This blueberry cobbler recipe is a take on a southern-style version! The cobbler itself leans more toward cake-like with loads of fresh blueberries throughout. It’s not overly mushy or jammy and has the perfect ratio of berries to batter. It’s also made with brown butter and baked with bits of cream cheese scattered throughout so you KNOW it’s going to be good!
What makes this blueberry cobbler recipe so good?
This recipe is so unique that I struggled with what to name it for the longest time! It’s not jammy enough to be a cobbler but it also has way too much fruit for it to be skillet cake.
Ultimately I leaned towards cobbler because it’s more of a scoop-and-serve type of dessert rather than a slice and eat cake.
Even though it’s labeled as a cobbler, it’s definitely the most unique blueberry cobbler you’ll ever try.
First, the cobbler batter is made very similar to pancake batter. It’s poured into the bottom of the skillet and the berries are then scattered on top. This is opposite to most cobbler recipes, but it yields a super light and fluffy cobbler base with loads of fresh blueberries that don’t turn mushy when baked!
To top it all off, the batter is made using brown butter which gives it a delicious rich flavor. Not only that, but pieces of cream cheese are pressed into the cobbler before baking. These globs of cream cheese all throughout the cobbler really help to balance out the sweet but slightly tart berries.
All in all, this recipe is basically a mix between blueberry pancakes and blueberry cobbler. If that doesn’t make you want to try it, I don’t know what will!
Tips for making blueberry cobbler
This recipe is so quick and easy to make, but here are a few things to look out for when baking this cobbler:
- Flour – If possible, weigh the flour with a food scale. Otherwise, spoon the flour into the measuring cup and level it off with a flat edge. NEVER scoop directly into the flour as this packs the flour down into the cup, leaving you with way too much added flour.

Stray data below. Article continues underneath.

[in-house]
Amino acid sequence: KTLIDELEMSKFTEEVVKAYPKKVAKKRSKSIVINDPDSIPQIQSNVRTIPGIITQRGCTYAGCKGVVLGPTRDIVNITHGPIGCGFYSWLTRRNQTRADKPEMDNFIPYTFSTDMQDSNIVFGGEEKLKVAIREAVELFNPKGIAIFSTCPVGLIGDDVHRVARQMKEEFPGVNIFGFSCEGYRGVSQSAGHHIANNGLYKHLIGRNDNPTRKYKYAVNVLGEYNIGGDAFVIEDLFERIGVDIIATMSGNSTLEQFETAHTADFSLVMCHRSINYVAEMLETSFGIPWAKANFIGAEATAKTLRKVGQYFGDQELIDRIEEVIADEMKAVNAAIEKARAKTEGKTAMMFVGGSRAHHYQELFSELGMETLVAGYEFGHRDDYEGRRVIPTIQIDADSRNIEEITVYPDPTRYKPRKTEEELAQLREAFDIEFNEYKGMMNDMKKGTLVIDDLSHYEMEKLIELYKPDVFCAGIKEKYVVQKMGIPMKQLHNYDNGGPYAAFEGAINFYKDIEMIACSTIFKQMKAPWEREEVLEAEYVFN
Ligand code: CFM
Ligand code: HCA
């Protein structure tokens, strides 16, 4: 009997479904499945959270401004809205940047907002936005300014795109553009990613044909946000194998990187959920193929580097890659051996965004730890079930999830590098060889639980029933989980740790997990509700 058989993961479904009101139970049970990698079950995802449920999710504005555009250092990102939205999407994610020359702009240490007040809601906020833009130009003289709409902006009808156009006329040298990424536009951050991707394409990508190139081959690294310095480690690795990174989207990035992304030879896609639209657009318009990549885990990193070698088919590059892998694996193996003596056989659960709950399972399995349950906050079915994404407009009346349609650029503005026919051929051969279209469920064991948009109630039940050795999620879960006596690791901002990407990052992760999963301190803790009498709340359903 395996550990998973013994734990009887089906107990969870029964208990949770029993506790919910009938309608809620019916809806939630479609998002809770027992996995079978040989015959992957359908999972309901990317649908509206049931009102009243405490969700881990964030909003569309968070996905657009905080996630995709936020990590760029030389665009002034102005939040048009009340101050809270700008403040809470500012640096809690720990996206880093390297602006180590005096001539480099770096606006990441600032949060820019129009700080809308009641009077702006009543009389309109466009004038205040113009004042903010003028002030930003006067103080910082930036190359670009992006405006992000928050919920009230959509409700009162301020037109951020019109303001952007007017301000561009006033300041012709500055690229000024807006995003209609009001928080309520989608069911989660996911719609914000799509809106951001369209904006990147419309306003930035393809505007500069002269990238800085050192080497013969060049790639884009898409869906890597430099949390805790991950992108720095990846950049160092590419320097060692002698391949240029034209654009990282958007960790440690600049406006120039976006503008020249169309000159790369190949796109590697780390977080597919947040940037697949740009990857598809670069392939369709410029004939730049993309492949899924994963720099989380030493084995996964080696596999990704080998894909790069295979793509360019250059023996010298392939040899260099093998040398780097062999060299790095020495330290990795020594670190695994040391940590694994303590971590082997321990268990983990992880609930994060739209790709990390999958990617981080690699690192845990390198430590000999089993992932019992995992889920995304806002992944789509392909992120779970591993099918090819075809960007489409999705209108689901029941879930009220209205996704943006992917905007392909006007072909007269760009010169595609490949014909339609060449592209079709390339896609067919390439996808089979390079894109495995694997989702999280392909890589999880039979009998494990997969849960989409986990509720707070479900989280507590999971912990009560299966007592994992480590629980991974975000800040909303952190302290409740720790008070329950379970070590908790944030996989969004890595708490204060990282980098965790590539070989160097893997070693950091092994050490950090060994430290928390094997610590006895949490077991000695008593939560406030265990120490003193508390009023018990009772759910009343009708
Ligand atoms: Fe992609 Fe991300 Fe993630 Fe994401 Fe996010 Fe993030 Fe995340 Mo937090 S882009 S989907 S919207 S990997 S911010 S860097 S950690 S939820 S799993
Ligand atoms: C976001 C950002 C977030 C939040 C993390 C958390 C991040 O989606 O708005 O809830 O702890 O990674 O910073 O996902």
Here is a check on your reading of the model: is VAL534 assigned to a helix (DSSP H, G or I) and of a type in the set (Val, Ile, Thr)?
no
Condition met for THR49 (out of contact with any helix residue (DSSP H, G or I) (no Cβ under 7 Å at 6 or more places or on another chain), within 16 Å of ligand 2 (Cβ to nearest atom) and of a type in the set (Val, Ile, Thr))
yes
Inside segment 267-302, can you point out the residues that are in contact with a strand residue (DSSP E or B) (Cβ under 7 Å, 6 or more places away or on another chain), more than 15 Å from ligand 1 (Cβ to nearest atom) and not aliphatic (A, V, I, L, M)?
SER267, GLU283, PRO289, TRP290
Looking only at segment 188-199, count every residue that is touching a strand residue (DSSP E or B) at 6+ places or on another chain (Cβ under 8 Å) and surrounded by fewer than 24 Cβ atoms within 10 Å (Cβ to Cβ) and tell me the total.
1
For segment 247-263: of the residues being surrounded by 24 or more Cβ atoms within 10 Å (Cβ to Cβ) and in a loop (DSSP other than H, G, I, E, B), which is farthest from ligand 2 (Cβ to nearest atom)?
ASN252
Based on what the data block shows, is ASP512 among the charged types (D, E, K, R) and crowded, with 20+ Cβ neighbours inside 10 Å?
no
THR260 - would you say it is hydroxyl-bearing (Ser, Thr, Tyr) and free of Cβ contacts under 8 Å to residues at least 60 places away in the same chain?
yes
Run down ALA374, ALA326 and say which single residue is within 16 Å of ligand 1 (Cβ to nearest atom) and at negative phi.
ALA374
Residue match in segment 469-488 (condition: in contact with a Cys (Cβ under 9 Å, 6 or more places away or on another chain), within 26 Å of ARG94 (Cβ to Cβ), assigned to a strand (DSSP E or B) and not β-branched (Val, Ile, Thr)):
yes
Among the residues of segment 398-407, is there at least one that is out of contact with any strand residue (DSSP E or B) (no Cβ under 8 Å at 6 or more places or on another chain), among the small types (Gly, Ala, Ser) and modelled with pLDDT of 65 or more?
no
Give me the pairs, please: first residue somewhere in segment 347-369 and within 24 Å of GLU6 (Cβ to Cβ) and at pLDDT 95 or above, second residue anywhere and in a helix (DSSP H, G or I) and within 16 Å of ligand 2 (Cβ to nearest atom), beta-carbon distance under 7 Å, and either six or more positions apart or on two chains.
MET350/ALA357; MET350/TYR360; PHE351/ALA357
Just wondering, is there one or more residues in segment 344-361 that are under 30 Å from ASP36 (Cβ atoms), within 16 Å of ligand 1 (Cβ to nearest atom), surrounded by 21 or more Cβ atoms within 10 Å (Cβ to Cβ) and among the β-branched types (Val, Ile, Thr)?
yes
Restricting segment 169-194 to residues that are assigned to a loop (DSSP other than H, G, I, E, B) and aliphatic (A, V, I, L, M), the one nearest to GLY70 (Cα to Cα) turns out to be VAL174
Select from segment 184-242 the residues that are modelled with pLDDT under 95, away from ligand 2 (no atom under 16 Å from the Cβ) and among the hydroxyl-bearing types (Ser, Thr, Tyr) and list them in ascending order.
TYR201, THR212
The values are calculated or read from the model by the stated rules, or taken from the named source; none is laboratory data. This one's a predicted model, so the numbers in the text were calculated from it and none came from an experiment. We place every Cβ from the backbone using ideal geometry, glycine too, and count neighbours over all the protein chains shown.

- Blueberries – Pick through the blueberries and throw out any stems or bad berries. Then give them a good rise. Once rinsed, pat the berries with a paper towel. This just ensures that no excess water can make its way into the cobbler.
- Brown Butter – If you’ve never browned butter before, head on over to my post dedicated to the browning process. In a nutshell, the butter is melted down in the cast-iron skillet until it goes from loud and bubbly to quiet and foamy. When it goes quiet, the butter should also appear brown and it will give off a nutty aroma. Once browned, pour into a mixing bowl and leave the skillet as is. The residual butter will prevent the cobbler from sticking to the pan.
- Mixing – When mixing the cobbler batter, be careful not to over mix at the end. Stop mixing right when everything comes together.
Outside of these 4 tips, everything else should be smooth sailing! What I love about this blueberry cobbler is just how quick and easy it is to whip up.
Making blueberry cream cheese cobbler
Berries and cream is a combination that I will never grow tired of. The sweet but tart berries mixed with the smooth cream cheese is just perfection.
That’s why this cobbler is baked with pieces of cream cheese all throughout! Before baking, a block of cream cheese is cut into tiny pieces and scattered throughout the batter.
As the cobbler bakes, the cream cheese becomes super soft and almost melts into the berries and cobbler.
For the best results, use full fat cream cheese (Philadelphia is my go-to).
And between the pancake-like cobbler batter, fresh berries, and tart cream cheese, this cobbler isn’t overly sweet so it’s perfect to pair with vanilla ice cream and powdered sugar.
How to serve blueberry skillet cobbler
Let the cobbler cool for at least 30 minutes before serving. This is important as it allows the very center of the cobbler to set.
Then, top with powdered sugar and use a large serving spoon to scoop into bowls alongside some vanilla ice cream.
Can this cobbler be made gluten free?
I haven’t tested it, but I do believe this recipe could work well with cup for cup gluten free baking flour!
Can I use frozen blueberries?
I don’t recommend this as frozen blueberries contain more water and tend to bake into a softer consistency.
What is the best type of skillet to use?
I recommend using a cast-iron skillet as this conducts heat the best. I linked my two favorite cast-iron skillets at the bottom of the recipe card below. But any 10″ oven-safe skillet will do!
For more blueberry recipes, check out my:
- BEST Blueberry Muffins
- Lemon Blueberry Muffins
- Vegan Blueberry Cheesecake Bars
- Healthy Blueberry Crumble Bars
- Blueberry Babka
Make sure to tag me @butternutbakery on Instagram and leave a review below if you make this blueberry cobbler. To pin this recipe and save it for later, you can use the button on the recipe card, the buttons above or below this post, or on any of the photos above. Happy baking!